The History of Pendennis, by William Makepeace Thackeray

CHAPTER IX

In which the Major opens the Campaign

Let those who have a real and heartfelt relish for London society and the privilege of an entree into its most select circles, admit that Major Pendennis was a man of no ordinary generosity and affection, in the sacrifice which he now made. He gave up London in May — his newspapers and his mornings — his afternoons from club to club, his little confidential visits to my Ladies, his rides in Rotten Row, his dinners, and his stall at the Opera, his rapid escapades to Fulham or Richmond on Saturdays and Sundays, his bow from my Lord Duke or my Lord Marquis at the great London entertainments, and his name in the Morning Post of the succeeding day — his quieter little festivals, more select, secret, and delightful — all these he resigned to lock himself into a lone little country house, with a simple widow and a greenhorn of a son, a mawkish curate, and a little girl of ten years of age.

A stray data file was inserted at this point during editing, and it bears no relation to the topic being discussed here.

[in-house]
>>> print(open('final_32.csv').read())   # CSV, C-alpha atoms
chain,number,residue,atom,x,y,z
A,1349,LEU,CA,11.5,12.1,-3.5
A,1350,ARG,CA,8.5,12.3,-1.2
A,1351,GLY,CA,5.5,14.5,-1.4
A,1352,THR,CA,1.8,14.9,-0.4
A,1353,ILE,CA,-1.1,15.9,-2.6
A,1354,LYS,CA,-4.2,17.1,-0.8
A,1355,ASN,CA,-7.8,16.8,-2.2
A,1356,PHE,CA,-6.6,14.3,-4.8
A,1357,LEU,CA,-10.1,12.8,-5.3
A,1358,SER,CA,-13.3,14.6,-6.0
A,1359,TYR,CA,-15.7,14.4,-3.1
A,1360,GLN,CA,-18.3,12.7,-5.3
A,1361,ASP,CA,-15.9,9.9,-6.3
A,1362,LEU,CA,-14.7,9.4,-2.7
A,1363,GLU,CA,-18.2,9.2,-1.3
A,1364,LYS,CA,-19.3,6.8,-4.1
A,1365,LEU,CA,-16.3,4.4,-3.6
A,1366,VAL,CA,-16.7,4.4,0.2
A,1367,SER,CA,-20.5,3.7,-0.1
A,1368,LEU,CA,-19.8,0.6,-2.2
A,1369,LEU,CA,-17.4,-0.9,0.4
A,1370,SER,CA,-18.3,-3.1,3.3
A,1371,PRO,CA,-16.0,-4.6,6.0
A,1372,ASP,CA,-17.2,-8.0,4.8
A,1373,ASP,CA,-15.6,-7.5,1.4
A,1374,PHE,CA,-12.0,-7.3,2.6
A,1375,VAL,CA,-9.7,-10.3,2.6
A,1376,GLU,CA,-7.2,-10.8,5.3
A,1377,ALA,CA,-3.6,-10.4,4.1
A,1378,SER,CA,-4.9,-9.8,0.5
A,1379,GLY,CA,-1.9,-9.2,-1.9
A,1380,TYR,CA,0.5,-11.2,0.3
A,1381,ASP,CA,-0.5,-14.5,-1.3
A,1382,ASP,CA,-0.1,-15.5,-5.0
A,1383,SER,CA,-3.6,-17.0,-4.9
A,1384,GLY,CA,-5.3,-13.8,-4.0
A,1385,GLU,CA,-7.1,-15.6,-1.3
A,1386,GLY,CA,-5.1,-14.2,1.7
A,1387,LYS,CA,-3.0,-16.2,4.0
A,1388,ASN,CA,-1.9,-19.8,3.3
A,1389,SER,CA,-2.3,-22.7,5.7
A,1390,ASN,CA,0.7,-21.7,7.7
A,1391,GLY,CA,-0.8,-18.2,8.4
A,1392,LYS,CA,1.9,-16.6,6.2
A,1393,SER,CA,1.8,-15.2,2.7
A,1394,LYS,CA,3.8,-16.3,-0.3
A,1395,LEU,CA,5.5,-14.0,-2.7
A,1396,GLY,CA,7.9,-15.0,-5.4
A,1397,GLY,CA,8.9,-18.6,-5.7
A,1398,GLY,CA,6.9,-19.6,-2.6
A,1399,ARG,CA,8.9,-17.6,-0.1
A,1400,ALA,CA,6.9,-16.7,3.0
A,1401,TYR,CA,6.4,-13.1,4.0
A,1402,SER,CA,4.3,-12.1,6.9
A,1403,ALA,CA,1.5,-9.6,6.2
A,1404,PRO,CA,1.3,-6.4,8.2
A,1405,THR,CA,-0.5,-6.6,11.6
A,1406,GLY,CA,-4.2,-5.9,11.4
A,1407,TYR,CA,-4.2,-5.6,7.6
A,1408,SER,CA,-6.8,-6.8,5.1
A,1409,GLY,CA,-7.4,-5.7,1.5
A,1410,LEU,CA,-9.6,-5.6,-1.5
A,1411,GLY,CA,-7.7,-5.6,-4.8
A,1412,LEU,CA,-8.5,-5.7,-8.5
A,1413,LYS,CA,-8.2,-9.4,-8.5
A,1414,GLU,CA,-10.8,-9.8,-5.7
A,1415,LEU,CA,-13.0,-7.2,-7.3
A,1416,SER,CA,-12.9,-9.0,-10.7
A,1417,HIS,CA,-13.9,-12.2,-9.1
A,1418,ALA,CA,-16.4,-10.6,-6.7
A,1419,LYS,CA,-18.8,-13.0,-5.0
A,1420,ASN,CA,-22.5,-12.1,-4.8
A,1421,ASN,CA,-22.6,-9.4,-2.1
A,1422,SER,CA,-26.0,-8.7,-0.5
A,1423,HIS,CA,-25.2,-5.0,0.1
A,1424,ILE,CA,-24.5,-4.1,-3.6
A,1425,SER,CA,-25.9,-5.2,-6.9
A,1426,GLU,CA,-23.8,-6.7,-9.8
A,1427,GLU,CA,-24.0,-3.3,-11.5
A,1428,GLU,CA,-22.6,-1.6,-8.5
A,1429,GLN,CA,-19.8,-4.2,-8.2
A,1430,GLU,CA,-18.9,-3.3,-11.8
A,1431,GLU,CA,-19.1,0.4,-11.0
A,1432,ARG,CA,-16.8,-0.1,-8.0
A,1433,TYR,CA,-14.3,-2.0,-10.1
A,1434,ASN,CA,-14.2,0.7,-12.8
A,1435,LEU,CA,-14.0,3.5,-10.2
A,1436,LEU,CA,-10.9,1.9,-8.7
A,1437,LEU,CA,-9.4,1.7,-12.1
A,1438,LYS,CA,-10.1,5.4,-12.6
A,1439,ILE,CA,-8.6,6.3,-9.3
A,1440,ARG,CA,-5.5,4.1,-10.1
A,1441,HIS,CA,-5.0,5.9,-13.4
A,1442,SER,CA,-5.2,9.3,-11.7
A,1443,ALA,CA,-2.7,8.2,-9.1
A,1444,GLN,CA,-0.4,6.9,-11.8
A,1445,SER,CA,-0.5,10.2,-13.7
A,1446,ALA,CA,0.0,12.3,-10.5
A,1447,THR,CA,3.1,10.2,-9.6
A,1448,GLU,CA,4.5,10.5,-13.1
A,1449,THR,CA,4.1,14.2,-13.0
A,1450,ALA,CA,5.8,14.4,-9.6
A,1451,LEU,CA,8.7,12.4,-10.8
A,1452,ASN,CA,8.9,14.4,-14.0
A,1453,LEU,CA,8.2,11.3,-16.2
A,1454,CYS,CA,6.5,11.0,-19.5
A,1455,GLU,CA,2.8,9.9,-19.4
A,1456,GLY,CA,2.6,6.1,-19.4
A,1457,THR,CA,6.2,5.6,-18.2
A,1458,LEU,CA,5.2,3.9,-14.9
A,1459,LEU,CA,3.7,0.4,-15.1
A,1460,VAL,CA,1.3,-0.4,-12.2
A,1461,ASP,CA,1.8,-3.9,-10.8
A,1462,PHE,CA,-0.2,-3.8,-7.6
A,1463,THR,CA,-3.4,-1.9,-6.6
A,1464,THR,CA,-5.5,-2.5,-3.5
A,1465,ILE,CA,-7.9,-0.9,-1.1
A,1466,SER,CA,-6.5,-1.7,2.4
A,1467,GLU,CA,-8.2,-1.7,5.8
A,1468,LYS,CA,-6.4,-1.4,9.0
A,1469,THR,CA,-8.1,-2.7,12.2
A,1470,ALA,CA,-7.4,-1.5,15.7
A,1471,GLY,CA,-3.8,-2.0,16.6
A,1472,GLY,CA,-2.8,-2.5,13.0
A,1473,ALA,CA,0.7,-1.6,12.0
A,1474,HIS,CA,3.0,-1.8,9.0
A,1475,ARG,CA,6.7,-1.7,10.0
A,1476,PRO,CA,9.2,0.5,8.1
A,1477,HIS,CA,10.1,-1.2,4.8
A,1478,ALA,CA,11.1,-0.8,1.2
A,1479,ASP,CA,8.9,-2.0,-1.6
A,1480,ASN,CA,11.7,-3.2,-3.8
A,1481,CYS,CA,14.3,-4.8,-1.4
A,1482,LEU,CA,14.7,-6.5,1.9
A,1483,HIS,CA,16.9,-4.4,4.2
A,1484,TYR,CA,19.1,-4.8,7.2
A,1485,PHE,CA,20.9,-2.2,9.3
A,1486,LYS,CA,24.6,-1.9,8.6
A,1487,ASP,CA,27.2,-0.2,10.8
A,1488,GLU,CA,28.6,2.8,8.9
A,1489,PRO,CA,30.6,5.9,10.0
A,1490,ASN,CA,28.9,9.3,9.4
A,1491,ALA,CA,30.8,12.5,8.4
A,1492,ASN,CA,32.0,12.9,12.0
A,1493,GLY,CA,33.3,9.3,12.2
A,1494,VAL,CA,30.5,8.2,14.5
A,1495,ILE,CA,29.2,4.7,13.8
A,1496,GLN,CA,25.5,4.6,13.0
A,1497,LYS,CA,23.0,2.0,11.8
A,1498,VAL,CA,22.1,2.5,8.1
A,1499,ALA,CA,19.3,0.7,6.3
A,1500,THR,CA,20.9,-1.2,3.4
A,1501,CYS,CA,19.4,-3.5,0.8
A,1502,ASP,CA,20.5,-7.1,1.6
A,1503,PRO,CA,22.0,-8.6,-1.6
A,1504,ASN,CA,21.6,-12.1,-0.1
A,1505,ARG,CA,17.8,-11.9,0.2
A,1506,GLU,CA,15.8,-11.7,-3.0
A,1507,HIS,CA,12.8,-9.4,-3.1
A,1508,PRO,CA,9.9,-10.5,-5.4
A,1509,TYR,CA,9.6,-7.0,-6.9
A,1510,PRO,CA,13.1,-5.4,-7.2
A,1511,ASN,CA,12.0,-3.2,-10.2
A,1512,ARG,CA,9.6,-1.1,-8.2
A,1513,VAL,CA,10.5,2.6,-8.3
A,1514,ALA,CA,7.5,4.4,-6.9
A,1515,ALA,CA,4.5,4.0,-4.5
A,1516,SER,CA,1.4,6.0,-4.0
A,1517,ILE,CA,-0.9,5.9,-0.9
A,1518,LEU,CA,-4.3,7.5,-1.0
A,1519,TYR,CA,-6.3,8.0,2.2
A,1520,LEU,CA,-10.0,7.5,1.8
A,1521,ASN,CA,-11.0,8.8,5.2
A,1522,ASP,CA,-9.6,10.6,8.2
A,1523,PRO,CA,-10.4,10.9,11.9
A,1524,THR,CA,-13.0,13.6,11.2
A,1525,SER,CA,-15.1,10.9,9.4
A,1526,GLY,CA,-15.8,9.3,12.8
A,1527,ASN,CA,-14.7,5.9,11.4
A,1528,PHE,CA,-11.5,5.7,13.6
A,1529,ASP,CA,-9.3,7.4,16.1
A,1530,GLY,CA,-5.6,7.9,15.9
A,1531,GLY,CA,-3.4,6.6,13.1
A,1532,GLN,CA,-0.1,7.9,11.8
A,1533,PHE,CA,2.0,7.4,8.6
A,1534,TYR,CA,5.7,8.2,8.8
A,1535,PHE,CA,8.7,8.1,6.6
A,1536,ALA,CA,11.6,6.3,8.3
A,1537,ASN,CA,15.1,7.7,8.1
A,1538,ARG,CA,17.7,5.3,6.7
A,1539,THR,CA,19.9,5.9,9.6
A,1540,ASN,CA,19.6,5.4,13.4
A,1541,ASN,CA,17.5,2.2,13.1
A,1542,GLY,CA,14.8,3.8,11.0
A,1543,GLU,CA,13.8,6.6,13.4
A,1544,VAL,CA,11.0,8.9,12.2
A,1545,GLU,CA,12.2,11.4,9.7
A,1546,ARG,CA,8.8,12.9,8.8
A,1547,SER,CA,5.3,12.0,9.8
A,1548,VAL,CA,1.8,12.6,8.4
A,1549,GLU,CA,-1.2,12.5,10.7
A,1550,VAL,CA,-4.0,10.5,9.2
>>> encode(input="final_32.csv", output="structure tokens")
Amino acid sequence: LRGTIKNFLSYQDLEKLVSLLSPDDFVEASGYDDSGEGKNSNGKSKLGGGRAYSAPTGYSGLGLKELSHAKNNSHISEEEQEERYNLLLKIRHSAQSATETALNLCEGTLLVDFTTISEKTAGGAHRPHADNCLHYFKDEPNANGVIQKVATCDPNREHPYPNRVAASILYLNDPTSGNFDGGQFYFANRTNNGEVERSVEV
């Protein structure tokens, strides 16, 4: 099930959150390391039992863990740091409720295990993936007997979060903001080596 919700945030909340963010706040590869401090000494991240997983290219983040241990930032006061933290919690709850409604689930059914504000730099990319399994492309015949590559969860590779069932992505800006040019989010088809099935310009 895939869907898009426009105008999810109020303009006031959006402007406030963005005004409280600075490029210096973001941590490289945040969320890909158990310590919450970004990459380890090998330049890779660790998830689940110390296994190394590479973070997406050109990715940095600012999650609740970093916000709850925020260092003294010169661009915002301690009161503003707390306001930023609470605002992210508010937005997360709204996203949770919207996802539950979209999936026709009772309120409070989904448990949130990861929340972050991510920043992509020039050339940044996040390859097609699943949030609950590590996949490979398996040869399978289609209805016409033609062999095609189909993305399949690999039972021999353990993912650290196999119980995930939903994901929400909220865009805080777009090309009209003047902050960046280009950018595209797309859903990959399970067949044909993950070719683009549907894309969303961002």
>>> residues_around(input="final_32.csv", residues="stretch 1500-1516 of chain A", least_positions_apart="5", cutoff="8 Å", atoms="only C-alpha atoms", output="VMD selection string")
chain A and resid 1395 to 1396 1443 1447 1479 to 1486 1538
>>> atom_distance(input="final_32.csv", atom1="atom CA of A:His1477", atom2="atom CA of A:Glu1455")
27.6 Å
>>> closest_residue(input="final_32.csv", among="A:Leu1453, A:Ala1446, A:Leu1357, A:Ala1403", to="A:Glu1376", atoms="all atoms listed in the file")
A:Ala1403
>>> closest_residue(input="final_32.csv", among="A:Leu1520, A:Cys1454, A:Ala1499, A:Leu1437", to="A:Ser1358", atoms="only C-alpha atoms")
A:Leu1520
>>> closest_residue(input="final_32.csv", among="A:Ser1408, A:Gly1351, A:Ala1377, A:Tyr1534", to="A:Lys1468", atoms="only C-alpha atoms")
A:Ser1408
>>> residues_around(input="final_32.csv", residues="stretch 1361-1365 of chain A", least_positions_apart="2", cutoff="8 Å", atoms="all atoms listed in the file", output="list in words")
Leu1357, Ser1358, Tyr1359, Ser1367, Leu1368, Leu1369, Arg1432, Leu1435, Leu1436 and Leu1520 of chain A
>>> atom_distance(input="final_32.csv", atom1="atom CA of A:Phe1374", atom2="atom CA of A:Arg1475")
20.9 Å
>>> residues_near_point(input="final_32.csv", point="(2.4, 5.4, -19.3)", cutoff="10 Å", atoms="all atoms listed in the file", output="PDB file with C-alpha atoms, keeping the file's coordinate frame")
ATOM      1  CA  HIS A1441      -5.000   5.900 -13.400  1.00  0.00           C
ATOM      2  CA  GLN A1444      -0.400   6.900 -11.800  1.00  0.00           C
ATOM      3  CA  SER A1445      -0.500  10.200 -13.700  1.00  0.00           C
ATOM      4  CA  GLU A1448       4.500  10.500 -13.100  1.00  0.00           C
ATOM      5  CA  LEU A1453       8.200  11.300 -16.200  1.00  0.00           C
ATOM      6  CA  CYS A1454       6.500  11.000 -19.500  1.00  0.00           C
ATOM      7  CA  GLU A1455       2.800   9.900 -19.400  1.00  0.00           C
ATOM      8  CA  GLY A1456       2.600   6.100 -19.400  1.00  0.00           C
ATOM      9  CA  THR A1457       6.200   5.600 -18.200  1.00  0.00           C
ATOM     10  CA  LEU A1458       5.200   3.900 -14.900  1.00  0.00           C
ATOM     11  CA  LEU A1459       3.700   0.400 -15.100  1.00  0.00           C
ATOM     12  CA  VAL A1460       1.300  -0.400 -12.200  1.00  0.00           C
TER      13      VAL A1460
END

He made the sacrifice, and it was the greater that few knew the extent of it. His letters came down franked from town, and he showed the invitations to Helen with a sigh. It was beautiful and tragical to see him refuse one party after another — at least to those who could understand, as Helen didn’t, the melancholy grandeur of his self-denial. Helen did not, or only smiled at the awful pathos with which the Major spoke of the Court Guide in general: but young Pen looked with great respect at the great names upon the superscriptions of his uncle’s letters, and listened to the Major’s stories about the fashionable world with constant interest and sympathy.